Maha-battle

 A Mahabharata is being played out in Maharashtra even before Election Day. For the BJP Shiv Sena alliance, it's all about kaun banega mukhya mantri. The saffron alliance knows its in pole position to capture power, but wants something more: it wants the kursi of the chief minister. Which is why it's just not about the alliance getting a majority, it's now about which party in the alliance will get more seats. The Congress NCP are fighting another war: they both know they are on a losing wicket, so their battle is for relevance. Neither side can afford extinction of the kind they witnessed in the Lok Sabha polls so they are bargaining to get a few additional seats.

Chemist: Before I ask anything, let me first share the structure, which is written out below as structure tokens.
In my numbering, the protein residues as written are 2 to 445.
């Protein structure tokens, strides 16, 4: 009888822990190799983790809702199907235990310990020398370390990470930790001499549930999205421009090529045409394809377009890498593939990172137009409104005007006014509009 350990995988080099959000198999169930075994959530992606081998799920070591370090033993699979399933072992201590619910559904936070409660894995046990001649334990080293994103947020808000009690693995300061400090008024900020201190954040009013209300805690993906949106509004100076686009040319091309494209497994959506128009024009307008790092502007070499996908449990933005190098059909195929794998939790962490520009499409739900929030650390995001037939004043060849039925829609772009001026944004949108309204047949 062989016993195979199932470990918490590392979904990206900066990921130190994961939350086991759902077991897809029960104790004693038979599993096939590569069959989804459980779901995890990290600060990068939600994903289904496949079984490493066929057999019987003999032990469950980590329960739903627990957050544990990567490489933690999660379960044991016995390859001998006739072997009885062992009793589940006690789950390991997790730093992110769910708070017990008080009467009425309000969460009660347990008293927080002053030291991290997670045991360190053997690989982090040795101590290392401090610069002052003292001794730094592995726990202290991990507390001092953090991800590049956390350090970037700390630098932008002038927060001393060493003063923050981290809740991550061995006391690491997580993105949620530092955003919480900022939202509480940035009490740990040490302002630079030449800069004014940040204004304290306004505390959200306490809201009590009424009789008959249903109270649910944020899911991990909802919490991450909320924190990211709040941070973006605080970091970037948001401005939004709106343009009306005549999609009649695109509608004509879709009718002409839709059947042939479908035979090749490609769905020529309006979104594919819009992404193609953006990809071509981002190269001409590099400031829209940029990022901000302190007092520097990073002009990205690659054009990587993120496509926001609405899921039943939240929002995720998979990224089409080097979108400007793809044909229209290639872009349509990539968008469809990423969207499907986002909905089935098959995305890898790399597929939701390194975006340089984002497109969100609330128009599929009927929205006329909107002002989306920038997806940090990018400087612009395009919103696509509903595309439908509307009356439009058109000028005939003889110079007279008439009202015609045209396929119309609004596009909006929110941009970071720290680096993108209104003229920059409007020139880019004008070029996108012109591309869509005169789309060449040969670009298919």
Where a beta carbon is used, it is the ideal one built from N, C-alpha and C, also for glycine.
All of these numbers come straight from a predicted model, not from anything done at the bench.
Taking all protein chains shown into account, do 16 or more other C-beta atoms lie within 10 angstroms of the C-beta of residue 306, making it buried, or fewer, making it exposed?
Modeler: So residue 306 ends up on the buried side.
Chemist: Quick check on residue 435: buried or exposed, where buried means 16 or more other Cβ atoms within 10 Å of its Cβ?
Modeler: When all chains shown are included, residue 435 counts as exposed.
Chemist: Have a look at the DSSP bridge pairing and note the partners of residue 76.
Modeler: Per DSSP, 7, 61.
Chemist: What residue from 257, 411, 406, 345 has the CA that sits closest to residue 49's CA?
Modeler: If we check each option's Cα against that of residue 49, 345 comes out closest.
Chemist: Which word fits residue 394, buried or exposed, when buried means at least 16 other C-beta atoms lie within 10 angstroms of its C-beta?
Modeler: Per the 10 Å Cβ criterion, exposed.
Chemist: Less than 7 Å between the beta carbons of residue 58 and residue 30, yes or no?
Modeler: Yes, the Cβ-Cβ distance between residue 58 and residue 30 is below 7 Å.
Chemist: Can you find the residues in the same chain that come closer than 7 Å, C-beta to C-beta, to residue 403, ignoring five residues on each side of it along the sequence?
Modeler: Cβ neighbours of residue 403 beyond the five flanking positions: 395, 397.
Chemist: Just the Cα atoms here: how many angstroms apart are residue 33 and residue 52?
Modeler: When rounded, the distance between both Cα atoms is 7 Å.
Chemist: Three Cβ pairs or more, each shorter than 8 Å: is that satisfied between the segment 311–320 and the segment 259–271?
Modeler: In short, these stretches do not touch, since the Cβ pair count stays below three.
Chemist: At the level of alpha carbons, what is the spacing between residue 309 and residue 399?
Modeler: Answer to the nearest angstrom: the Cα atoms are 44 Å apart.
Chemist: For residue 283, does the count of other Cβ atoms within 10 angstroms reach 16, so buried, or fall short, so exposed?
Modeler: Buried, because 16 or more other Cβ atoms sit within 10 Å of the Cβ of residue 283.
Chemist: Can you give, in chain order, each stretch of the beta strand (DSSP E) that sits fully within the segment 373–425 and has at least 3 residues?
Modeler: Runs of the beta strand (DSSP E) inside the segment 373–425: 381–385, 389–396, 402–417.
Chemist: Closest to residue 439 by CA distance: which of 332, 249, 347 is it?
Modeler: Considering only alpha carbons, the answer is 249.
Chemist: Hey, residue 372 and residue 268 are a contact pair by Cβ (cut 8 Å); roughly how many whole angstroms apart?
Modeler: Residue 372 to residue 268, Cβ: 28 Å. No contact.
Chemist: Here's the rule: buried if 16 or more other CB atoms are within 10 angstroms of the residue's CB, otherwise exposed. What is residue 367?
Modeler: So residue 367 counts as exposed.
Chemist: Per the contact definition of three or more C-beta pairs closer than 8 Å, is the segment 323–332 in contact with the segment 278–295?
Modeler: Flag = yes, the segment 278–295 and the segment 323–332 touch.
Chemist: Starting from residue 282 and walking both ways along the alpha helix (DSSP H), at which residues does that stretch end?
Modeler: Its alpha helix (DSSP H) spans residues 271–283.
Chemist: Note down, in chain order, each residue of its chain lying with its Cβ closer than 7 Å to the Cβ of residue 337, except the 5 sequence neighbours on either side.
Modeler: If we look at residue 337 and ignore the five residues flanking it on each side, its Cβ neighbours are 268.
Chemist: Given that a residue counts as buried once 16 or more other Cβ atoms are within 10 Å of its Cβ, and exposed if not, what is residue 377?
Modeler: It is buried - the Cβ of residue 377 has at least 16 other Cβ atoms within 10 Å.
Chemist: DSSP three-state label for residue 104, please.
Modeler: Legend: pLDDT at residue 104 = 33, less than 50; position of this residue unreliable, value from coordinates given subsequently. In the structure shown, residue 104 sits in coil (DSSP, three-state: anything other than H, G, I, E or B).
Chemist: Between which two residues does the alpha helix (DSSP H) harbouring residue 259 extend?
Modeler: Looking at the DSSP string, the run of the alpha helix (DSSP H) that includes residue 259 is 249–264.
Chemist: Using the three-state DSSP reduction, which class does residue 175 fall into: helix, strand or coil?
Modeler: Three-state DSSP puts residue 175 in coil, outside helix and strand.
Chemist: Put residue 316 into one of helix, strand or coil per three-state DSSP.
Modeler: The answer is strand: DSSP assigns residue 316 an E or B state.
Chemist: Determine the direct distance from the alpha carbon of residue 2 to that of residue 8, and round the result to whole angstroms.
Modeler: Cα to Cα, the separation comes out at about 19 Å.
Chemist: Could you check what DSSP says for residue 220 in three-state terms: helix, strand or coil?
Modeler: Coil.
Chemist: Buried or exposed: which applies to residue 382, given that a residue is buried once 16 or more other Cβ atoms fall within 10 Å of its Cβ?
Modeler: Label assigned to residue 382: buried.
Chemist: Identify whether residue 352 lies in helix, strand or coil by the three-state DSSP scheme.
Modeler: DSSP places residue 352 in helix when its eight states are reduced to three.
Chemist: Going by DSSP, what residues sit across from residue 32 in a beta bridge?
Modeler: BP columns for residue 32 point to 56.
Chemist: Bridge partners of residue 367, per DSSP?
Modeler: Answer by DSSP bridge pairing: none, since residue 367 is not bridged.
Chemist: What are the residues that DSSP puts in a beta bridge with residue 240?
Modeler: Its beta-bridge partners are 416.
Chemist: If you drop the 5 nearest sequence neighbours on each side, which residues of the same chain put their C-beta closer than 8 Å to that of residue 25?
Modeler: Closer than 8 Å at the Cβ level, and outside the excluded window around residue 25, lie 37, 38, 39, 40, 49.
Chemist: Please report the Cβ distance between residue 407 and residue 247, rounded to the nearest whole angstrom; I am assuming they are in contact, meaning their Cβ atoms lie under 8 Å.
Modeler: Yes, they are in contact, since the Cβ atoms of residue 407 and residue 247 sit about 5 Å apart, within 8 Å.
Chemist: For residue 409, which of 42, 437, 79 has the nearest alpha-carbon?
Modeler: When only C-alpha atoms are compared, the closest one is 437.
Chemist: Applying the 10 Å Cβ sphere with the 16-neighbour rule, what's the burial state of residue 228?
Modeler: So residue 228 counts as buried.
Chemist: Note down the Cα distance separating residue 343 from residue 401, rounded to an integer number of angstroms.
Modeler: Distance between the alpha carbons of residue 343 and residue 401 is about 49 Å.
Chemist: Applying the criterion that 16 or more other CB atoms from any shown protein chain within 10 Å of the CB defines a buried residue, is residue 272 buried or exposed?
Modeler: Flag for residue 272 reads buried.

What does this say about our political class? Elections are about the unadulterated pursuit of power, but they are also about some element of accountability to the people. Why should the people of Maharashtra vote for a particular party if the parties can't even settle seat distribution without bitterness? Maharashtra is beset with a litany of problems: no party it seems wants to address the core issues of agrarian distress, of unmanageable urbanisation, of rampant corruption. Instead, it's now Udhav vs Gadkari, Ajit Pawar versus Prithviraj Chavan in an almost tragi-comic political drama that is a bit like haggling fishwives at Sassoon Dock in Mumbai. Surely, the people of Maharashtra deserve better.

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